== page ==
Lang accuses Dentsu of pilfering $17 million from Woodstock 50’s bank account. He also claims that Dentsu tried to convince artists that if they dropped out of the festival, they could possibly perform at the 2020 Summer Olympics in Tokyo, where Dentsu is a major organizer.

Dentsu fired back with this statement to Variety:

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As financial partner, we had the customary rights one would expect to protect a large investment. After we exercised our contractual right to take over, and, subsequently, cancel the festival, we simply recovered the funds in the festival bank account, funds which we originally put in as financial partner. Further, tickets cannot go on sale for an event prior to obtaining a mass gathering permit, which has still not been granted. Beyond that we stand by our original statement that we made last week.

May 9, 2019: Woodstock 50 takes Dentsu to court

Woodstock 50 organizers file a court order against Dentsu, asking for the return of the $17.8 million they claim was “pillaged” from the festival’s account.

The New York Supreme Court grants Woodstock 50 a gag order against Dentsu. “We are grateful for the judge’s order, which prevents Dentsu and Amplifi from continuing their baseless attack on the Woodstock festival and its owners, and we look forward to procuring additional relief on Monday,” said Woodstock 50 attorney Marc Kasowitz.

May 13, 2019: Dentsu fires back

Lawyers for Dentsu fire back against Woodstock 50 organizers in a scathing rebuttal.

Amplifi Live [Dentsu’s investment arm] worked nonstop for the last 10 months and invested millions of dollars to put on the Woodstock 50th anniversary festival in Watkins Glen this August. But Woodstock 50 LLC’s and Michael Lang’s misrepresentations, incompetence, and contractual breaches have made it impossible to produce a high-quality event that is safe and secure for concertgoers, artists, and staff. The production company has quit, no permits have been issued, necessary roadwork has not begun, and there is no prospect for sufficient financing. As much as the parties might wish it otherwise, the festival contemplated by their agreement cannot happen and allowing it to go forward would only put the public at risk. The injunction sought by W50, even if there were a legal basis for it, cannot change that.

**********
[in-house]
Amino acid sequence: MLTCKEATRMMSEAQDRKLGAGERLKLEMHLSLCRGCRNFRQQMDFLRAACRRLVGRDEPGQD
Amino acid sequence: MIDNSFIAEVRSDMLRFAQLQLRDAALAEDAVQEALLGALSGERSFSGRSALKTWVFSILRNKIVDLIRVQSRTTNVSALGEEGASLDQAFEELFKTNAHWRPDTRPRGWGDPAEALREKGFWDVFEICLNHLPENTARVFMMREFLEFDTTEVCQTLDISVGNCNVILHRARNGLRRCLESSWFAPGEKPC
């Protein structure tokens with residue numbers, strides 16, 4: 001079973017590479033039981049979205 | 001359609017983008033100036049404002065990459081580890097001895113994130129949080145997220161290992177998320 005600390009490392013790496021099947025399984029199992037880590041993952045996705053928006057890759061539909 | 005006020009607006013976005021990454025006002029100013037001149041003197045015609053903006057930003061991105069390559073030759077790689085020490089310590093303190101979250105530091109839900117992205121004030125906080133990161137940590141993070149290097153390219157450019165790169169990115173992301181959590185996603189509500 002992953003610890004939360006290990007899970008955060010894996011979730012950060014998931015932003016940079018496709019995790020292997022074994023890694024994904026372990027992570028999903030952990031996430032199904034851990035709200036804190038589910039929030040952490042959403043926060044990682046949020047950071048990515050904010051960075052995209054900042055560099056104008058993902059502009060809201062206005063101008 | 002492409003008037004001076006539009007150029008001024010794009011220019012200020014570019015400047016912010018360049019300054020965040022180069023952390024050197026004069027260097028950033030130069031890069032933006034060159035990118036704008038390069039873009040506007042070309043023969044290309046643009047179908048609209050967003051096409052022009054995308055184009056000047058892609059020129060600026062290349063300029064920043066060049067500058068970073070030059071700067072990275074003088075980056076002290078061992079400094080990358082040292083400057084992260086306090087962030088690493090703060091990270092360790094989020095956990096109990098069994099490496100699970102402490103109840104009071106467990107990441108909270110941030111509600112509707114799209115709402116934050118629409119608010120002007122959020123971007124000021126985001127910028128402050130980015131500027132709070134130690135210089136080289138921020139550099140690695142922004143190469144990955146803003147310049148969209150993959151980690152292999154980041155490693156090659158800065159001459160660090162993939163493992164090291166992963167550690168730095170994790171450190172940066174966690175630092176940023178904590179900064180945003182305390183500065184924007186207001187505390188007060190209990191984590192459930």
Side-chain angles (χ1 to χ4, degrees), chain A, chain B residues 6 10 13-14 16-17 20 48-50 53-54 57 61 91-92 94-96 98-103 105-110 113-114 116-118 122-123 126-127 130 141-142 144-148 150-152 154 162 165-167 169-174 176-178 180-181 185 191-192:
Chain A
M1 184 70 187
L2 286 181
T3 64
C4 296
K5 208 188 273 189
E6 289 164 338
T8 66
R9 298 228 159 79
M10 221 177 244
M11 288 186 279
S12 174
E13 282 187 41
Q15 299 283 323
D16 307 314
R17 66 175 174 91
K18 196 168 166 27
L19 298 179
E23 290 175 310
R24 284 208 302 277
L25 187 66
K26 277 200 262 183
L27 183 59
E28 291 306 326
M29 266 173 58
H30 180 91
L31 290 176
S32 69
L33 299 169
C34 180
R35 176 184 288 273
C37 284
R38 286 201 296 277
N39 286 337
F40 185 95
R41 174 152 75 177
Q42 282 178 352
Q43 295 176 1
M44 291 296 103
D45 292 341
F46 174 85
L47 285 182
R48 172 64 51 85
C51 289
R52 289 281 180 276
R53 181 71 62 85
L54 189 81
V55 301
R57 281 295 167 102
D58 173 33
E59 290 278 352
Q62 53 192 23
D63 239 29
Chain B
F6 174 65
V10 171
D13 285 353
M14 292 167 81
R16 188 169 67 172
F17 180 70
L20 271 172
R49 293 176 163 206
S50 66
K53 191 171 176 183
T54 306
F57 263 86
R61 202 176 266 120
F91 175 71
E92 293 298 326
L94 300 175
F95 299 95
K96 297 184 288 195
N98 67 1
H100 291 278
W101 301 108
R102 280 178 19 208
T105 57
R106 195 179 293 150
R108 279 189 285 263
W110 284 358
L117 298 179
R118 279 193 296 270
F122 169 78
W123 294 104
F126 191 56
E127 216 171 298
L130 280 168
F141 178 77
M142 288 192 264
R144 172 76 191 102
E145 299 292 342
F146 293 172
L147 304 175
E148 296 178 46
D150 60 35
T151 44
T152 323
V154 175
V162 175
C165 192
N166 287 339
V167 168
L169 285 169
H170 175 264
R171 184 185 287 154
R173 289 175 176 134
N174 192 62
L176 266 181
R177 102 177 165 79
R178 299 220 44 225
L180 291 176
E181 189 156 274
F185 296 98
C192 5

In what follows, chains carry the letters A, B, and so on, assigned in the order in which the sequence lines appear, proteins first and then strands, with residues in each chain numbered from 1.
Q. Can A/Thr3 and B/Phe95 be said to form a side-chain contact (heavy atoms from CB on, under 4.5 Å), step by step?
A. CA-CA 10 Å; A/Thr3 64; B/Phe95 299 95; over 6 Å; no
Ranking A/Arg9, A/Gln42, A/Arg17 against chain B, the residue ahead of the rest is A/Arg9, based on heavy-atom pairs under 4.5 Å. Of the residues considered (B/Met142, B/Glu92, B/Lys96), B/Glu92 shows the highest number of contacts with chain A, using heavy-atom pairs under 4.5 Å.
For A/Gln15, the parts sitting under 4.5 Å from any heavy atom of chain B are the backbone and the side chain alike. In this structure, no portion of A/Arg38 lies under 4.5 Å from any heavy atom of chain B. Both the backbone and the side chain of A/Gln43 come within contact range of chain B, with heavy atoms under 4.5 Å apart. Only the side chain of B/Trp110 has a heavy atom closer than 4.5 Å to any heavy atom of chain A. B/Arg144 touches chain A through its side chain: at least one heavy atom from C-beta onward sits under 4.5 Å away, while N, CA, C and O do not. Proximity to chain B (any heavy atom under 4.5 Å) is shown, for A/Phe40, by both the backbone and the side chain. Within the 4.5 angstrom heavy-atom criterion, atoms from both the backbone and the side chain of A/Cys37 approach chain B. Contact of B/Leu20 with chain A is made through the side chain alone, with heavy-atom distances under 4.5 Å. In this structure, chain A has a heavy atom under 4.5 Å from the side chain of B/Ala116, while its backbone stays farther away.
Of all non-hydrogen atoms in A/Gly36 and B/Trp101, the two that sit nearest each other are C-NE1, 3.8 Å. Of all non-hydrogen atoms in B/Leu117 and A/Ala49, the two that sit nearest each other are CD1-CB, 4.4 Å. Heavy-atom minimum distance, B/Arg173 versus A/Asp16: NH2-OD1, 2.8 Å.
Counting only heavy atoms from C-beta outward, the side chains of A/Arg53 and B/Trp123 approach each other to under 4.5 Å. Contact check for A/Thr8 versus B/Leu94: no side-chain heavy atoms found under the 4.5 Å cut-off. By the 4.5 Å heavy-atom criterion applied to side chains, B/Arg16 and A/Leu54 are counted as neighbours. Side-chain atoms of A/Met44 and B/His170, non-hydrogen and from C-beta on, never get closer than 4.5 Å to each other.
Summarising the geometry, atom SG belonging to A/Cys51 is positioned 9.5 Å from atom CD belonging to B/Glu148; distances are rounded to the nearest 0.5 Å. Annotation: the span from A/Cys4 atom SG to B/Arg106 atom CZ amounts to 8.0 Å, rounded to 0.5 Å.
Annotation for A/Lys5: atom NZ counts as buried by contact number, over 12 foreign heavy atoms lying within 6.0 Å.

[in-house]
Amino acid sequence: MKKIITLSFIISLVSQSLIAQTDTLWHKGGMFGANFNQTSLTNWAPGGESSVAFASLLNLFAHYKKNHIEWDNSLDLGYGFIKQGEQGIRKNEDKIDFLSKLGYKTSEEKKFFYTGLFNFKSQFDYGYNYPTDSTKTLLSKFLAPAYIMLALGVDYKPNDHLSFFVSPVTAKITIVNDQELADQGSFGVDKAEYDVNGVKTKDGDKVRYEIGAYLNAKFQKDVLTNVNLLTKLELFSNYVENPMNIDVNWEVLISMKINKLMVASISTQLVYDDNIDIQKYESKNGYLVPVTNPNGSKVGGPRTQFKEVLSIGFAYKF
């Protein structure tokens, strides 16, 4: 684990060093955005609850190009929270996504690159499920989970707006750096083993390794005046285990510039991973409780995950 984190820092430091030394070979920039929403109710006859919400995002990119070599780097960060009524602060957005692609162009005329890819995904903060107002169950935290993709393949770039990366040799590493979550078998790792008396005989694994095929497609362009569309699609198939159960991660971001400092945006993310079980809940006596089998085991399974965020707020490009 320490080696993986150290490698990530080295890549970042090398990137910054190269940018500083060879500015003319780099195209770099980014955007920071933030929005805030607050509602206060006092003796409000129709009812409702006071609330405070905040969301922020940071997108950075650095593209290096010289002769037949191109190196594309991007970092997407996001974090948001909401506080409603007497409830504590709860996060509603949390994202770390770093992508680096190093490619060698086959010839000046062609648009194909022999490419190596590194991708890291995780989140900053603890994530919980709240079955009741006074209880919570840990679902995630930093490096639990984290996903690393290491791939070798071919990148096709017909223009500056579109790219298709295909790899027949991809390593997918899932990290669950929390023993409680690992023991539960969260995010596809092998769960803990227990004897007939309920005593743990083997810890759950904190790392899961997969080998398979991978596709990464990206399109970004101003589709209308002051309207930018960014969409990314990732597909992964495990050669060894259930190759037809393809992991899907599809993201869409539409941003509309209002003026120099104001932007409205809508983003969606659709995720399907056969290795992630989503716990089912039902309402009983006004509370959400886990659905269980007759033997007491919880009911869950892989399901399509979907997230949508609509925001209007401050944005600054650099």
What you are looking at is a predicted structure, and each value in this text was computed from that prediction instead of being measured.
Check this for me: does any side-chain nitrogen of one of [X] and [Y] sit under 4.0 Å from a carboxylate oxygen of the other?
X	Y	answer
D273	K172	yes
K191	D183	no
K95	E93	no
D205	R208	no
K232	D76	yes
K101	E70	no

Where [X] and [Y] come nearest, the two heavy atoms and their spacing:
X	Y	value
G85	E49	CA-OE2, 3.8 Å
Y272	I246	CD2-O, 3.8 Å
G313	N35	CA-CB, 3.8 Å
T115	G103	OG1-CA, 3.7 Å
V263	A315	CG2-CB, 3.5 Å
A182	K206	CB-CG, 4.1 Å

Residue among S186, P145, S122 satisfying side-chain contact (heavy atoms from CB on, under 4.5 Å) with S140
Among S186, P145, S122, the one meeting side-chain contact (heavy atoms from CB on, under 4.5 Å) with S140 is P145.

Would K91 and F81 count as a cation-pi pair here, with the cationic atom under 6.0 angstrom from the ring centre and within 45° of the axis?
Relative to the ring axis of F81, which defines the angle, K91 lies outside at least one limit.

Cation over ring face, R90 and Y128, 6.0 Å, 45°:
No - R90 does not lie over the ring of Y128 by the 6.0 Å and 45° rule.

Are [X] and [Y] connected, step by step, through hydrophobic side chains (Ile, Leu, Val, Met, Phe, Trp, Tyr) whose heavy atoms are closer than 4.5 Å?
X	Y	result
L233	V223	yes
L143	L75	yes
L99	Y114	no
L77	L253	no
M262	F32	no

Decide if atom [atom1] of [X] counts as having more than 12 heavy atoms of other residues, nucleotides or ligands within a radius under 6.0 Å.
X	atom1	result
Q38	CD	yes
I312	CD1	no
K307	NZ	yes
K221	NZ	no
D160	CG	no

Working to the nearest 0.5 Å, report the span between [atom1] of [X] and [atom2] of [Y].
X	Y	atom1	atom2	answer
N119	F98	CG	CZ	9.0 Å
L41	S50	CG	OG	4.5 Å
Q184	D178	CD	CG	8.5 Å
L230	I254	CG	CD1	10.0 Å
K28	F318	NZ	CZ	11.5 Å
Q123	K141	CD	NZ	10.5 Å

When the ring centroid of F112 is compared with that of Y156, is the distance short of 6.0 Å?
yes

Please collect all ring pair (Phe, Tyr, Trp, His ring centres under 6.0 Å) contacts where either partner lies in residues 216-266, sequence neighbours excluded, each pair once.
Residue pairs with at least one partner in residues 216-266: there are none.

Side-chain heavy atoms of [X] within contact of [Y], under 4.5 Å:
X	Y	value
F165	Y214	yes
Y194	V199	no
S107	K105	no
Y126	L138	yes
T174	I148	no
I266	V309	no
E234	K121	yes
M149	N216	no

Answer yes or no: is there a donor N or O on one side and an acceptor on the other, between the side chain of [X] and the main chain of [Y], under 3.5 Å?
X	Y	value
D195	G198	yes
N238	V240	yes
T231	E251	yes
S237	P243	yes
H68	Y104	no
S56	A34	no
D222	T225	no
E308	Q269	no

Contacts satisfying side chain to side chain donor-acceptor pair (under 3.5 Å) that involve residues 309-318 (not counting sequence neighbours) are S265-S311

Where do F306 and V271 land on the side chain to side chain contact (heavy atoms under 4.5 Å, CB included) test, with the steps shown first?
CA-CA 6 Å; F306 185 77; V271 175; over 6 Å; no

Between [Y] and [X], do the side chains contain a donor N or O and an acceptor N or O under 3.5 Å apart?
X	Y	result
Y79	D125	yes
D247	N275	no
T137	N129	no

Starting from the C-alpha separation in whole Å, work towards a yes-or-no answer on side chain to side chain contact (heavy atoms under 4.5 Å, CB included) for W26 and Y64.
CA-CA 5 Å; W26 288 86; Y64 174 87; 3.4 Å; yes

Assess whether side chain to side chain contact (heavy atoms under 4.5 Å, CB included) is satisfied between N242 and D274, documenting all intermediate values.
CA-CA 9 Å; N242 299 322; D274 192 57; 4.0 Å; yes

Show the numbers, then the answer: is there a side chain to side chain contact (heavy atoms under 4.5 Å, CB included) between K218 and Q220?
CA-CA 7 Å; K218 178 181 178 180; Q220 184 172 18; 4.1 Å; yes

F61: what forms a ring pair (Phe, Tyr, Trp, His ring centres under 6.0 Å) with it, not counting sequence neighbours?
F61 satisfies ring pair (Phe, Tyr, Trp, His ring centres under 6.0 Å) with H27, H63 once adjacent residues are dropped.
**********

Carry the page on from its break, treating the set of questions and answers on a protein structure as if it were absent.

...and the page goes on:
A rep for Woodstock 50 issued a reply via Billboard:

While Dentsu has used its filing to sling mud, nothing in its court papers changes the fact that Dentsu has no right under its agreement with Woodstock 50 to either cancel the Festival or abscond with nearly $18 million of the Festival’s money.  We look forward to addressing that in court this afternoon.

May 15, 2019: A hollow victory

A judge rules Dentsu didn’t have the right to cancel Woodstock 50 but that they don’t have to pay back the $17.8 million festival organizers say was taken from their account. To date, no acts, other than the Black Keys, have pulled out so Woodstock 50 has a lineup but depleted funds to pull off a festival three months away.

June 10, 2019: A one-two punch

Watkins Glen International, the proposed venue for Woodstock 50, terminated its contract with festival organizers.

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Woodstock confirmed the cancellation in a statement, with a promise that the show will indeed go on: “We confirm that we will not be moving forward with Watkins Glen as a venue for Woodstock 50. We are in discussions with another venue to host Woodstock 50 on August 16th—18th and look forward to sharing the new location when tickets go on sale in the coming weeks.”

However, not long after the venue pulled out, Woodstock’s producer CID Entertainment issued a statement to Billboard saying that they also would no longer be involved with the festival: “CID Entertainment had been engaged to provide enhanced camping, travel packages and transportation for Woodstock 50. Given developments, we can confirm that CID is no longer involved in Woodstock 50 in any capacity.”

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About the author

KC covers entertainment and pop culture for Fast Company. Previously, KC was part of the Emmy Award-winning team at "Good Morning America" where he was the social media producer.